Ideally, a marriage lasts a lifetime. With more than 1 million divorces filed every year in the United States, however, this ideal is far from the reality.
At the same time, the U.S. divorce rate has been on the decline in the 21st century. In 2000, 4.0 out of every 1,000 Americans got divorced. By 2017, the divorce rate had dropped to 2.9 per 1,000 people. The decline in divorce rate is no doubt tied to the decrease in the marriage rate. In 2000, 8.2 Americans were married for every 1,000 people. By 2017, only 6.9 Americans for every 1,000 people were married.
Nationwide, nearly half (48.2%) of all Americans age 15 and over are married. Less than a third of Americans 15 and up have never married, and nearly 13% are either divorced and have not remarried or separated.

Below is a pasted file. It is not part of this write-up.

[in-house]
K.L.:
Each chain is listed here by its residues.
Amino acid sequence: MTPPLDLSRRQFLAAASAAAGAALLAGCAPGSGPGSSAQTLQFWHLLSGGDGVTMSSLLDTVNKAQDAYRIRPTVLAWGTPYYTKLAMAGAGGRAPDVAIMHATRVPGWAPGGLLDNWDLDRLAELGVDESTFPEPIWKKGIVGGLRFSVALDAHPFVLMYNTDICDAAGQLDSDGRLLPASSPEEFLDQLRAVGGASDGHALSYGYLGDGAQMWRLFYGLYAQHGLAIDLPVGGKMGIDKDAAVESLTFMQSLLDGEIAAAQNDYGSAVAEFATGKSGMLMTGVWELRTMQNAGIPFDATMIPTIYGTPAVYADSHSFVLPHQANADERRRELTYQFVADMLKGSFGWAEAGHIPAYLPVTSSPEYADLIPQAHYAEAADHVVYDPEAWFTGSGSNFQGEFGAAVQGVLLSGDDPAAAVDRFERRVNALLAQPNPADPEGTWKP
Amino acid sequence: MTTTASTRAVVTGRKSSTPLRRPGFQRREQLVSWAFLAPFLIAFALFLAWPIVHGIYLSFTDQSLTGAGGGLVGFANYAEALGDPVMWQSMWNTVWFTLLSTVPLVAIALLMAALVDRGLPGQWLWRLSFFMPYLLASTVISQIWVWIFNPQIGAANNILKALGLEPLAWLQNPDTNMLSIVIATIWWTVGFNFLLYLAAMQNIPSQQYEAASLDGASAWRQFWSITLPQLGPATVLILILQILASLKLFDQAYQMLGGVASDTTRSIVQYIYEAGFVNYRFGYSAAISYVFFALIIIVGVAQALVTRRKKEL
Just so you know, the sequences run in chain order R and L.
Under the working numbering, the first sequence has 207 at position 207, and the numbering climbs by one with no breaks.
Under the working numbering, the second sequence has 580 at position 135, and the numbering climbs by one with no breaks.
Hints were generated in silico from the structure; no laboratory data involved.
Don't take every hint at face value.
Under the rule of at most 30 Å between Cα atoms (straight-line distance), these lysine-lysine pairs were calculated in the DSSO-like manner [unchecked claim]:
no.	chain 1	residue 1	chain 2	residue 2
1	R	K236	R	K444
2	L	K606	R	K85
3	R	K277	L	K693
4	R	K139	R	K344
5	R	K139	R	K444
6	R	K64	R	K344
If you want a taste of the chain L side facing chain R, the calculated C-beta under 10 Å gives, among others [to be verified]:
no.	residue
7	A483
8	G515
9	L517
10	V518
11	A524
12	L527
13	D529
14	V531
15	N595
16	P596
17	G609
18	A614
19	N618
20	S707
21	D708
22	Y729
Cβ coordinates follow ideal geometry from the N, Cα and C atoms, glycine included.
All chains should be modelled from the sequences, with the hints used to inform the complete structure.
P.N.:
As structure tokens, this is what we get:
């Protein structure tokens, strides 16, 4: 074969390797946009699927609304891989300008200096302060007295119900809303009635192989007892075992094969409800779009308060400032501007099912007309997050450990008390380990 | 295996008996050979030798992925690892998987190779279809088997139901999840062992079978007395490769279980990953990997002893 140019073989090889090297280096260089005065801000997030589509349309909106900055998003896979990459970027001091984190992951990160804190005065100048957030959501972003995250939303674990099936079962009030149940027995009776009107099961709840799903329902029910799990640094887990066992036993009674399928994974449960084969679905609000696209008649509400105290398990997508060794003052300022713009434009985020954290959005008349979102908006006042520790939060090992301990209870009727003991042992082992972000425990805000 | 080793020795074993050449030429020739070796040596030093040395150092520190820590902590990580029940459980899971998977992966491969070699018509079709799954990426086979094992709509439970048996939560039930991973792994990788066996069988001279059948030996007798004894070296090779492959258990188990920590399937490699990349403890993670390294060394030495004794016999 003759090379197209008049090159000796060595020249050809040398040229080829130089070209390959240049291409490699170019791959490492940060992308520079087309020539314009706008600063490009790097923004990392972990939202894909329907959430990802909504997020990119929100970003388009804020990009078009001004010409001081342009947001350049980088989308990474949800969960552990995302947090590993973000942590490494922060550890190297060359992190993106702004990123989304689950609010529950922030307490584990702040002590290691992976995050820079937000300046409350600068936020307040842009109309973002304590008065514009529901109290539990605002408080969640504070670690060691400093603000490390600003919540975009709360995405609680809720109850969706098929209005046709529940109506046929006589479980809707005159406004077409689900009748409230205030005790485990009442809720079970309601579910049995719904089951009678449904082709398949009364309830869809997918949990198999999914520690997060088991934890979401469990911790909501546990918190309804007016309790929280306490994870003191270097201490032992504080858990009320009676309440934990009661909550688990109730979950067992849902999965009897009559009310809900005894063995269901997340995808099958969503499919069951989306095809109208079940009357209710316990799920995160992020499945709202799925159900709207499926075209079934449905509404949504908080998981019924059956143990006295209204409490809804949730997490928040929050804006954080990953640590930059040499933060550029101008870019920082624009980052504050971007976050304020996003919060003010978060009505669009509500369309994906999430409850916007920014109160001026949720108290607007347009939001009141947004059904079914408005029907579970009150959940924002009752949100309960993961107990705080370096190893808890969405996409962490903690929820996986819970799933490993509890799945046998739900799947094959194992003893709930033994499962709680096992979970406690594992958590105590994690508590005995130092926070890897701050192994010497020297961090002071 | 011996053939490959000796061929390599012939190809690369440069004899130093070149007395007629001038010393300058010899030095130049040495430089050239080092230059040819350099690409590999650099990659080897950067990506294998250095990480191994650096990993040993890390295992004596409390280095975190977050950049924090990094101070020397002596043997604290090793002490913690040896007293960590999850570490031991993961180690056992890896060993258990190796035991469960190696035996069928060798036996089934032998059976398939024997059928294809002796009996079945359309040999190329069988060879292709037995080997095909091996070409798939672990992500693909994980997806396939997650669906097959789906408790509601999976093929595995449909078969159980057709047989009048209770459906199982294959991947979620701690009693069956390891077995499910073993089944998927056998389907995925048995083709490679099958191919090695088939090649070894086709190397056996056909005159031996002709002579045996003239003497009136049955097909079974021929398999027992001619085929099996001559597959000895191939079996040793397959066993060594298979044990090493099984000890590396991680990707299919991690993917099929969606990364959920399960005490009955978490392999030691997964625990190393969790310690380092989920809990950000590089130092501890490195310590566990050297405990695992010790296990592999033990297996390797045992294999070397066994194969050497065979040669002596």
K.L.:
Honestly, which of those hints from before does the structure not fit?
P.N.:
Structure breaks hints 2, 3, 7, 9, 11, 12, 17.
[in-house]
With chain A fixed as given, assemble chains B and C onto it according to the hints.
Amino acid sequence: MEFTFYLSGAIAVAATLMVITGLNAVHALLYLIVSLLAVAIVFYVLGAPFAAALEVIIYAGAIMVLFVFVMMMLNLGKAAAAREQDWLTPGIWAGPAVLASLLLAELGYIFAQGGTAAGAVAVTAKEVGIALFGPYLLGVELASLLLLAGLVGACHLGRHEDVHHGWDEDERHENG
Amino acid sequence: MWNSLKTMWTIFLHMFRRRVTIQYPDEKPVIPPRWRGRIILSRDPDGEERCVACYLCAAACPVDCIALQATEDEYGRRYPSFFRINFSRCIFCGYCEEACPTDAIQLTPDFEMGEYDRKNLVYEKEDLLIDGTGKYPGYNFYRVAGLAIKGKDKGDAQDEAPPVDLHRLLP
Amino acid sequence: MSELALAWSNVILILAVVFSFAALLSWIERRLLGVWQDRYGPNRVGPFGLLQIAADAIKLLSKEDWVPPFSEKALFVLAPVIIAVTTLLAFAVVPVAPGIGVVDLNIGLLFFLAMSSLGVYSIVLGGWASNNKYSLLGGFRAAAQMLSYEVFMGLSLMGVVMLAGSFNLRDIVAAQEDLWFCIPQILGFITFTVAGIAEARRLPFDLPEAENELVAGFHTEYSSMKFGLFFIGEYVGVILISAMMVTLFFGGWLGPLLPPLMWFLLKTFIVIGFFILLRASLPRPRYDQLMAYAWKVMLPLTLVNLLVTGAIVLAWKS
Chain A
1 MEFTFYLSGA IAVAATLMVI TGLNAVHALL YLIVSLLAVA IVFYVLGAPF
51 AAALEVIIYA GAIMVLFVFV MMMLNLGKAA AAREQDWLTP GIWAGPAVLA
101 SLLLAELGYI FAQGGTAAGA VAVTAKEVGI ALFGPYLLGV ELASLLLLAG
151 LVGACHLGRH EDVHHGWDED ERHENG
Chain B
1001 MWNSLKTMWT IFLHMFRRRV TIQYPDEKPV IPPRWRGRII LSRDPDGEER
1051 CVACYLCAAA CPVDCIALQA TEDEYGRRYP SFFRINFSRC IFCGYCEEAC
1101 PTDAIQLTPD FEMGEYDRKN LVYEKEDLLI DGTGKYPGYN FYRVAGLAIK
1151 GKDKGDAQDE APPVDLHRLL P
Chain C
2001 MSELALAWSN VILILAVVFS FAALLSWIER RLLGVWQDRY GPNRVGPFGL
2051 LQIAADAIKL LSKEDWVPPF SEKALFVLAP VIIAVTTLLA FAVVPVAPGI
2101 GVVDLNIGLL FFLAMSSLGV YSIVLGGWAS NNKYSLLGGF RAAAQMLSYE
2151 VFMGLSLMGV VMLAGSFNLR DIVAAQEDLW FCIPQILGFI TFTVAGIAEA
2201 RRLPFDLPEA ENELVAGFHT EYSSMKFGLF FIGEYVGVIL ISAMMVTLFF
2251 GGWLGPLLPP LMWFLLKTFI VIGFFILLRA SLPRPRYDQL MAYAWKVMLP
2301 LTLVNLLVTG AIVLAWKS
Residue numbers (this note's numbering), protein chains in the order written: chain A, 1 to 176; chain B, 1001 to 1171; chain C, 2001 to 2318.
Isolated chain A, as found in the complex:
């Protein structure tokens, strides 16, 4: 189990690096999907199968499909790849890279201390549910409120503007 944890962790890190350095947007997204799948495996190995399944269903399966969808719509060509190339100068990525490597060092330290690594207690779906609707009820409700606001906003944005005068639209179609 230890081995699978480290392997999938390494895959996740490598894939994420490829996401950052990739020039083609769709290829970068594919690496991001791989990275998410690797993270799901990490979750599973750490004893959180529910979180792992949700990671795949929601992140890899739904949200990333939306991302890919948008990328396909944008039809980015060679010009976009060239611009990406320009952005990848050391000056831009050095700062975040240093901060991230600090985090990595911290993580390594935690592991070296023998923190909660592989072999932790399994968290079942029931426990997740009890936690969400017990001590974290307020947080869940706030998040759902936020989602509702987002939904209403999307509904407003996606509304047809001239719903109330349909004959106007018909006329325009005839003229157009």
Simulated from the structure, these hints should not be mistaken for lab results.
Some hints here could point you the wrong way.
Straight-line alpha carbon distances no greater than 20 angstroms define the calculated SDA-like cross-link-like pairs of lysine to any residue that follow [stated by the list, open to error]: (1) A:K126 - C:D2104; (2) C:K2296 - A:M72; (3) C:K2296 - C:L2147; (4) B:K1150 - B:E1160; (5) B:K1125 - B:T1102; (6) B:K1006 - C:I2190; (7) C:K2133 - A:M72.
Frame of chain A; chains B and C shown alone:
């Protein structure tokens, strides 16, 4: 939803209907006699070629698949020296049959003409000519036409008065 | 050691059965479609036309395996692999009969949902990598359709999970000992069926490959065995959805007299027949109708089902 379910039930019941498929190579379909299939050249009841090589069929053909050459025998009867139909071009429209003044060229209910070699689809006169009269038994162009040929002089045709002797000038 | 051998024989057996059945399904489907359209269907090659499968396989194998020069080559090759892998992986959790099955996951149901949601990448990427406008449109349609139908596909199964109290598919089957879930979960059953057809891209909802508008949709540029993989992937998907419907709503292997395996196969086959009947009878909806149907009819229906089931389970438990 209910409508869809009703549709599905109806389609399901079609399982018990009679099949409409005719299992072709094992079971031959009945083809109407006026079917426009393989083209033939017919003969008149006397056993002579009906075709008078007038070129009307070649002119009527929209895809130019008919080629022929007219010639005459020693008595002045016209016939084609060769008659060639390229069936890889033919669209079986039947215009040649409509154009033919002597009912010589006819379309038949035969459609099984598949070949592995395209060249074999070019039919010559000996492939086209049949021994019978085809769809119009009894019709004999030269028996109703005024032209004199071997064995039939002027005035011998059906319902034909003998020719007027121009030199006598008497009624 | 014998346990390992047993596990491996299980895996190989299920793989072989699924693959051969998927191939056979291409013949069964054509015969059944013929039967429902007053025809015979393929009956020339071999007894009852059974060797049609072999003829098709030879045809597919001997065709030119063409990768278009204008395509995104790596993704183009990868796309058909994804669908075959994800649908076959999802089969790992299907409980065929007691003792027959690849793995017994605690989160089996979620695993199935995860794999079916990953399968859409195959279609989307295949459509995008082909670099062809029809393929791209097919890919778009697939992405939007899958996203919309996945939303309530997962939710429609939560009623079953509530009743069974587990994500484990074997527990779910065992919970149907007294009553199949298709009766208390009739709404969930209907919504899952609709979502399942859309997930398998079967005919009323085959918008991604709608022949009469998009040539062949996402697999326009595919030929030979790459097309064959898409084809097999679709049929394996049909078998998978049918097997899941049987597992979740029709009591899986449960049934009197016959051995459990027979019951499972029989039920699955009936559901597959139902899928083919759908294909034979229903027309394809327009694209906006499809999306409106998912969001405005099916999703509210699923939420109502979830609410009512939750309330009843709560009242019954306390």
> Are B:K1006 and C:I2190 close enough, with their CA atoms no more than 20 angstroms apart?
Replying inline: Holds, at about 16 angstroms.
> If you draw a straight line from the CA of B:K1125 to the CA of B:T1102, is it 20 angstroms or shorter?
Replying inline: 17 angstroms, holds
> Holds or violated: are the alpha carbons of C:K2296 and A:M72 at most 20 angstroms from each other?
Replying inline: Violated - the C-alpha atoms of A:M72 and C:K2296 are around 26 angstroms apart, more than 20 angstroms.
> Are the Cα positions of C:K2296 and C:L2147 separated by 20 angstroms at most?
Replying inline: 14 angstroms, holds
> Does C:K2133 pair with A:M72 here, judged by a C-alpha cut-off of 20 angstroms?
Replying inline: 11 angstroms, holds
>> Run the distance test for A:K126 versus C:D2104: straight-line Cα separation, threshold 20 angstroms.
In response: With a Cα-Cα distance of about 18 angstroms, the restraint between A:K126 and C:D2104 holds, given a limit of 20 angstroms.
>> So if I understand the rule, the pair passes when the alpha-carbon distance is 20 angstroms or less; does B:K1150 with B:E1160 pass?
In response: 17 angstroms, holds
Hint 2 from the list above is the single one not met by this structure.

In some states, a higher share of 15 and older residents are married. 24/7 Wall St. reviewed data on the percentage of the population that is currently married from the Census Bureau’s 2017 American Community Survey to determine the states where the most people are married.
To determine the states where people stay married, 24/7 Wall St. reviewed the Census Bureau’s 2017 American Community Survey to find the percentage of the 15-year-and-older population that is currently married. Population figures are five-year averages through 2017. The Census definition of those who are divorced includes only people who are legally divorced and who have not remarried. Those without a final divorce decree are classified as separated.